When most people think of a warehouse, they picture an unfriendly, cavernous space — but not you. You know that there's opportunity in warehouse and distribution center design. And guess what? You're on trend. Large-scale distribution centers are breaking this stereotype by instituting a variety of cosmetic and functional changes — making them more efficient and worker-friendly.
Amazon’s 1.2 million square foot facility in Phoenix, AZ is a prime example of how the aesthetics and design of distribution centers have changed. In Amazon’s case, this fundamental design shift is aimed at improving accuracy and efficiency, in order to fulfill their promise of next-day delivery. Their Arizona facility, known as “PHX6,” is startlingly bright, lit by overhead skylights and white LED bulbs.
This mix of natural and engineered light illuminates the spotless floors below and a field of giant machines and storage aisles. Conveyer belts snake between different sections of the warehouse, quickly carrying small packages and tools between designated drop points. The back wall of the building houses a sea of loading docks that open up to an ocean of asphalt.
There are water fountains throughout the warehouse, group meeting rooms and even tricycles for traversing the distance between opposite ends of the facility. But the improved comfort and atypical ambience of this warehouse is most likely a byproduct of a more economic concern — precision. In order to deliver on strict deadlines and product turnaround rates, Amazon facilities must be the epitome of organization, efficiency, collaboration and productivity.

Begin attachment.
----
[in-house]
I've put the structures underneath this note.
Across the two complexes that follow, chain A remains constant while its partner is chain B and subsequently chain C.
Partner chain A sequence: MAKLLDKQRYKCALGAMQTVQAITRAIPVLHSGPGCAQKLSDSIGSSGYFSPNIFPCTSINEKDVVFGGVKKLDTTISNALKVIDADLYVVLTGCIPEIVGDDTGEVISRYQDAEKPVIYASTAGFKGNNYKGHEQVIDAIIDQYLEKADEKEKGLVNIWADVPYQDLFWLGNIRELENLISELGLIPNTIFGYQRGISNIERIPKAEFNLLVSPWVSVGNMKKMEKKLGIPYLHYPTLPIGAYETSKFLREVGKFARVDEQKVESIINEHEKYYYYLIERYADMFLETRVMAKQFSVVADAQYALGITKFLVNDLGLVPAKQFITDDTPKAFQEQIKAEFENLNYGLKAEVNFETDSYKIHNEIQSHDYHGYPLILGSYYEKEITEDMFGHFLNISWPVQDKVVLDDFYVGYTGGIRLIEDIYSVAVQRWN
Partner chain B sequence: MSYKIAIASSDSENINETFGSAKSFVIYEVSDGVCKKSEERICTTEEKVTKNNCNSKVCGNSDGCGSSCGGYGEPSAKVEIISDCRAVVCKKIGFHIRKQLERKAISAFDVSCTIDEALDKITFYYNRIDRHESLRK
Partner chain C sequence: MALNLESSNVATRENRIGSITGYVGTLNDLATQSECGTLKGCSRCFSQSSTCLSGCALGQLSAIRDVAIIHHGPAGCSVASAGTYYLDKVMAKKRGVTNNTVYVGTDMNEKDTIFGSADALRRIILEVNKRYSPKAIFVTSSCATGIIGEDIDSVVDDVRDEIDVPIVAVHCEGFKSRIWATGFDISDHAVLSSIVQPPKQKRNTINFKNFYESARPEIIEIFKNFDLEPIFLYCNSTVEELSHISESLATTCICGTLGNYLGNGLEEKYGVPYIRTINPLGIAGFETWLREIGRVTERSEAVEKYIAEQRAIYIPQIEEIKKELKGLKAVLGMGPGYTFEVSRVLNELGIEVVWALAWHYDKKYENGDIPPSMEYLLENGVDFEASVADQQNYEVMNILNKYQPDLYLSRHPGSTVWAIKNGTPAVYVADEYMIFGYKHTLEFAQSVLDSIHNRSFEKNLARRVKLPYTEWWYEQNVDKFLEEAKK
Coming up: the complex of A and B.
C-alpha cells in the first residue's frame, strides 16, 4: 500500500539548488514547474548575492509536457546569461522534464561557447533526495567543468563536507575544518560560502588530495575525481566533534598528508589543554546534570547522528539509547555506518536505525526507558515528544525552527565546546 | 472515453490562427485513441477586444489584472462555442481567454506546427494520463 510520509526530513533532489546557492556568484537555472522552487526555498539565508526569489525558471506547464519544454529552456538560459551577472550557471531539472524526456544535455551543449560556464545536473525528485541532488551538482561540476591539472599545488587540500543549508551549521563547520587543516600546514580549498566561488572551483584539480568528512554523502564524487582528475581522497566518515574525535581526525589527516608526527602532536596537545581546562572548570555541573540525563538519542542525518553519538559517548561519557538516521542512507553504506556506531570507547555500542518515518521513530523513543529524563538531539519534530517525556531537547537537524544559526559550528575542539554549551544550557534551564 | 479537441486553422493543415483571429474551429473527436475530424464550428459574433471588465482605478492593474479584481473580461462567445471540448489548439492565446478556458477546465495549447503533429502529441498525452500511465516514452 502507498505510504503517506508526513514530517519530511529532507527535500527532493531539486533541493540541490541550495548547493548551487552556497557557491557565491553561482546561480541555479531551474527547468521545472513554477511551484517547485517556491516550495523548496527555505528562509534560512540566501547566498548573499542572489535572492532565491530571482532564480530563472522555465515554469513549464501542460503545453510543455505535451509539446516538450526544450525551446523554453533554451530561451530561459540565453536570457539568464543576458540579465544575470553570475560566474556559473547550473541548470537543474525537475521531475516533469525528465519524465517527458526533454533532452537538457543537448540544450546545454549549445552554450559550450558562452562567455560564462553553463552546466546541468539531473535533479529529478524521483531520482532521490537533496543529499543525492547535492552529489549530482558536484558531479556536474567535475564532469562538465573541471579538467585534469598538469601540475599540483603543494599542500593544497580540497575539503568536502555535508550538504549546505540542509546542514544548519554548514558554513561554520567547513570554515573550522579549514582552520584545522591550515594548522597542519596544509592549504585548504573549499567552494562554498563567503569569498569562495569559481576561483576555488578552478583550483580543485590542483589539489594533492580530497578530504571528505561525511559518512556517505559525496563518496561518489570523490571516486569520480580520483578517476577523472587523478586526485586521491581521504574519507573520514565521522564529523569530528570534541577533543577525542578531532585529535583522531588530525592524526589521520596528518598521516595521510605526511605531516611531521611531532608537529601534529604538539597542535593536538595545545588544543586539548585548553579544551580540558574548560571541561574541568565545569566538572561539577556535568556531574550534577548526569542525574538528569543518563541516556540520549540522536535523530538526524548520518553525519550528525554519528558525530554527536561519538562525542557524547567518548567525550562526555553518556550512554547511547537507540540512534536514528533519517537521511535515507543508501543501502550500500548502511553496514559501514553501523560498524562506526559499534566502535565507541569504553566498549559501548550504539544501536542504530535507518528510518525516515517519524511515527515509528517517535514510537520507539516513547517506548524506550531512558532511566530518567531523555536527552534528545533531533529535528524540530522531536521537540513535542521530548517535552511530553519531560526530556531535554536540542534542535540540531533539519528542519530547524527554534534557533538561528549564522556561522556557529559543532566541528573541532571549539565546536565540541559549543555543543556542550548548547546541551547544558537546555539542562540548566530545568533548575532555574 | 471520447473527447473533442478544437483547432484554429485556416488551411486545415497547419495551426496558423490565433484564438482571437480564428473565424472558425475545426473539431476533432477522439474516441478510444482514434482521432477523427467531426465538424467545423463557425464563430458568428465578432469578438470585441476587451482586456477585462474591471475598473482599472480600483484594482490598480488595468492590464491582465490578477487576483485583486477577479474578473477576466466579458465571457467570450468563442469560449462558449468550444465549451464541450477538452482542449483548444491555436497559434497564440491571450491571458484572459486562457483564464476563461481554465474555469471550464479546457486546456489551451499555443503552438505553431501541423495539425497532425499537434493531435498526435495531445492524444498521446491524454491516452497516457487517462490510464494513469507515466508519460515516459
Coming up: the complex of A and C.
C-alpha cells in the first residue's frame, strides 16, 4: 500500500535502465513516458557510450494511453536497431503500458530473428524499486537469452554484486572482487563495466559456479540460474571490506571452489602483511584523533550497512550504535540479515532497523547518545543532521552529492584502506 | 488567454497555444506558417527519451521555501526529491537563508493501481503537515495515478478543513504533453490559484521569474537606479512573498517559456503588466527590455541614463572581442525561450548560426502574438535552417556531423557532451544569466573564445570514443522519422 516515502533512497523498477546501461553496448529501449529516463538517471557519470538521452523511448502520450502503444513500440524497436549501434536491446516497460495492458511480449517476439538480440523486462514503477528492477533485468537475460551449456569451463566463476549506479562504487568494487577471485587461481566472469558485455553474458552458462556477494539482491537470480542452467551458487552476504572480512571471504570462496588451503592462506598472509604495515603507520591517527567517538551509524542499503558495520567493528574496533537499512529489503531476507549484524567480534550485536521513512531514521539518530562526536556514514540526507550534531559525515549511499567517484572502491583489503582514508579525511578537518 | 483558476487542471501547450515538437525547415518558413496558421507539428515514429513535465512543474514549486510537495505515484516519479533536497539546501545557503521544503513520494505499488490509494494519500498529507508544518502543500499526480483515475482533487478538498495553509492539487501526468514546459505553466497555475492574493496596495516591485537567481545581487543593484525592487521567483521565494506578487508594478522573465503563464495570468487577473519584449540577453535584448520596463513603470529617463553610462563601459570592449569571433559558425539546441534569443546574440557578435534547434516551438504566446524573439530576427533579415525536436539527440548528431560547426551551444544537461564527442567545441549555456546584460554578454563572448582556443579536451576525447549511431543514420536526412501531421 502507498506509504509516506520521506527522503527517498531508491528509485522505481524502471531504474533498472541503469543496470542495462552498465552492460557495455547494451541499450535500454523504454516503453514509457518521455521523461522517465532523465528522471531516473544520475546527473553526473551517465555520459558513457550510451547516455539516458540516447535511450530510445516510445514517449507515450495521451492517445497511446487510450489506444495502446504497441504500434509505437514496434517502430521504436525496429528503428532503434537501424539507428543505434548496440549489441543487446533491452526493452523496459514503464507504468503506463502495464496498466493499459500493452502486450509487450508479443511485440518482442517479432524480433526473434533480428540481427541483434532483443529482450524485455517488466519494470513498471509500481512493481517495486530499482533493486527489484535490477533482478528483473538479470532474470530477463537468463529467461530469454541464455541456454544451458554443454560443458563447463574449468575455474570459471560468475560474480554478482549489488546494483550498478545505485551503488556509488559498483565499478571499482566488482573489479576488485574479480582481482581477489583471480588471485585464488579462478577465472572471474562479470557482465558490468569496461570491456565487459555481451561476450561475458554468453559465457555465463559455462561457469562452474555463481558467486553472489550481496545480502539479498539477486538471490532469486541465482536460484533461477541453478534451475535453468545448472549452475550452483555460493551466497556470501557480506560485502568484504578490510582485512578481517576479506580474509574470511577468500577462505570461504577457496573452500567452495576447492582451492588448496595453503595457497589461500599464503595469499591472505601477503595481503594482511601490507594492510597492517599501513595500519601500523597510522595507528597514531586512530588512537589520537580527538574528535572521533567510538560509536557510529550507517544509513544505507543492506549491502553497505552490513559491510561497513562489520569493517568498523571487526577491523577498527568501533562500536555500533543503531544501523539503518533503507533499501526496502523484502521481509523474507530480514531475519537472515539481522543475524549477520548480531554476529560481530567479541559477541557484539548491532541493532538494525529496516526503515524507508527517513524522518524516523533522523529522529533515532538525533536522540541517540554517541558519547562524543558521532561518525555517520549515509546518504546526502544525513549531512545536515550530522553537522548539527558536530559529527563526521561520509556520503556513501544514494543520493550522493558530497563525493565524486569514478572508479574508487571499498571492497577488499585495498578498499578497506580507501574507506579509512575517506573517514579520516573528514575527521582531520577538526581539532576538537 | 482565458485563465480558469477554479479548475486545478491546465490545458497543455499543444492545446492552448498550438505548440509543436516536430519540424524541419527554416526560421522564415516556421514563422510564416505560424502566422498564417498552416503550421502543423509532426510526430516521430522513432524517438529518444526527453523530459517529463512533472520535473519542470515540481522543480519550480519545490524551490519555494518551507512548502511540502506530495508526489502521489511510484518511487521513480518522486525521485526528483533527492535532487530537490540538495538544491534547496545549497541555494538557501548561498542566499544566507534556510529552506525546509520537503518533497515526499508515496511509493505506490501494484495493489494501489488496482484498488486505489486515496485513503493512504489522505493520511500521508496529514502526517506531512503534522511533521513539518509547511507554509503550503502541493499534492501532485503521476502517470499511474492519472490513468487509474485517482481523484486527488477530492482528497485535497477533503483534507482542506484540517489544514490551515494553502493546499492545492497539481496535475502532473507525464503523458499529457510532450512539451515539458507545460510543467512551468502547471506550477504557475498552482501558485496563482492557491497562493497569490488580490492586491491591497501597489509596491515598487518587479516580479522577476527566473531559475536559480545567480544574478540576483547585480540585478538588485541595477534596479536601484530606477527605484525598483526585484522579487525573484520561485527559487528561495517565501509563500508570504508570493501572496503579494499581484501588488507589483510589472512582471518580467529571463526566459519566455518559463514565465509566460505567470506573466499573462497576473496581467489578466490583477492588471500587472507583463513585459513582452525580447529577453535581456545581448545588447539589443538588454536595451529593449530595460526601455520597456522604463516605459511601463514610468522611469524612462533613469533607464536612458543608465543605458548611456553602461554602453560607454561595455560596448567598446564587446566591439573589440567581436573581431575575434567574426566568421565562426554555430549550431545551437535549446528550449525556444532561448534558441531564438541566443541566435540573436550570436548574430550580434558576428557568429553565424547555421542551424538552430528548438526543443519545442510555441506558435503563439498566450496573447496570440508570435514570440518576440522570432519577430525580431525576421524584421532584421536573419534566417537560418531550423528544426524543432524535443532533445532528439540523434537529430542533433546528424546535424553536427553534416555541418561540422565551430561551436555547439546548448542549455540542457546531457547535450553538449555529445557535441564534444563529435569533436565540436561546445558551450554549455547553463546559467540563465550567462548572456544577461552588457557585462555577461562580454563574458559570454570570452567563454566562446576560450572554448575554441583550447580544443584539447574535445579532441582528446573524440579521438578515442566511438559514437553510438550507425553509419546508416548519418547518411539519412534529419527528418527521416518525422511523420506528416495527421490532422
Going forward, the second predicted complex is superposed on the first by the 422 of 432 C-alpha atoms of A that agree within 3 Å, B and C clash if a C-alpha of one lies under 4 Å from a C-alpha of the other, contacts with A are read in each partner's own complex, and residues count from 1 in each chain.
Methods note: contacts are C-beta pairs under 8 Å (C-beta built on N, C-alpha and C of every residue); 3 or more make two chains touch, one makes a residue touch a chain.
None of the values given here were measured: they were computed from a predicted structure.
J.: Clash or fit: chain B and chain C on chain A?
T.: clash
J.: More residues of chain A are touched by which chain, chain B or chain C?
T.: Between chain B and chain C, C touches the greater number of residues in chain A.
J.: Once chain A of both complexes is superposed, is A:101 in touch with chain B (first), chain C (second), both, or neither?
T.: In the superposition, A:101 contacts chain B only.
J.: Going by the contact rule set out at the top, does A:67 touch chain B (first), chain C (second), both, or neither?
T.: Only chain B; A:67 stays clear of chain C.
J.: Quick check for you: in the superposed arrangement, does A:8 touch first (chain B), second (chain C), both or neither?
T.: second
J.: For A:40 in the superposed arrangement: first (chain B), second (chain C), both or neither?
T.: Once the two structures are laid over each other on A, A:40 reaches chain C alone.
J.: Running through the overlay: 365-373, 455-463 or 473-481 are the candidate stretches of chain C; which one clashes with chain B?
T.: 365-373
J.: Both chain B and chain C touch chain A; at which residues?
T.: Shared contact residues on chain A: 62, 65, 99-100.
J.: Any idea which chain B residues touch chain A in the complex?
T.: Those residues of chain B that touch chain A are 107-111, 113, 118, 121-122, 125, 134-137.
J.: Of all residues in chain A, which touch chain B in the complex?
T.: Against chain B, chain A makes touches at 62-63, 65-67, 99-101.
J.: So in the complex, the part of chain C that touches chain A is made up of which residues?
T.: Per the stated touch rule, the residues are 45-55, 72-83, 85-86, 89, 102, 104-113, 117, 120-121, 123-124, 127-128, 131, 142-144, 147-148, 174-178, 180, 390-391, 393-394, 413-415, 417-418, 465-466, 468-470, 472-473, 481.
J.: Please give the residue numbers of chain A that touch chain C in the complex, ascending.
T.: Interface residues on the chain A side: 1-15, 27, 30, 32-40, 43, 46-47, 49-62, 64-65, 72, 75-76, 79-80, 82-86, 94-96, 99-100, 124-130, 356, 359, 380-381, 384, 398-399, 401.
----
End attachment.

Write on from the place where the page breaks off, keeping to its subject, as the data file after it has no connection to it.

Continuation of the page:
Like Amazon, an increasing number of companies are relying more heavily on technology to coordinate inbound and outbound orders. Terminal servers generate product and package labels, complete with scannable barcodes and tracking information that allows employees to find exactly what they’re looking for without searching the whole facility. The reliance on technology is more than a trend; it's a necessity, and everyone is doing it — not just big, shiny facilities like Amazon's.
Changes in product tracking capabilities have also changed the way companies organize their inventory. Instead of keeping a product in its own designated section, large-scale personal suppliers like Amazon scan and place products randomly throughout the facility, thus ensuring there’s always one close at hand (and cutting down on the time employees spend traversing the warehouse). If products can be accurately located electronically, then there’s no need to adhere to a traditional, library-like filing system. In this way, better warehouse technology also fosters better design malleability — in other words, warehouse setup can change to accommodate a company's changing needs.
But with businesses working harder (and faster) to fulfill more orders, and warehouses becoming less static in layout, maintaining effective safety measures can be a challenge. Products like McCue’s Pedestrian Barrier and Crash Barriers help ensure the safety of employees while also protecting the integrity of expensive machinery and infrastructure. In the age of the modern warehouse, it’s important that protective barriers and guards are not only effective, but also more easily reconfigured in order to accommodate any trendy changes in layout and activity centers within the facility.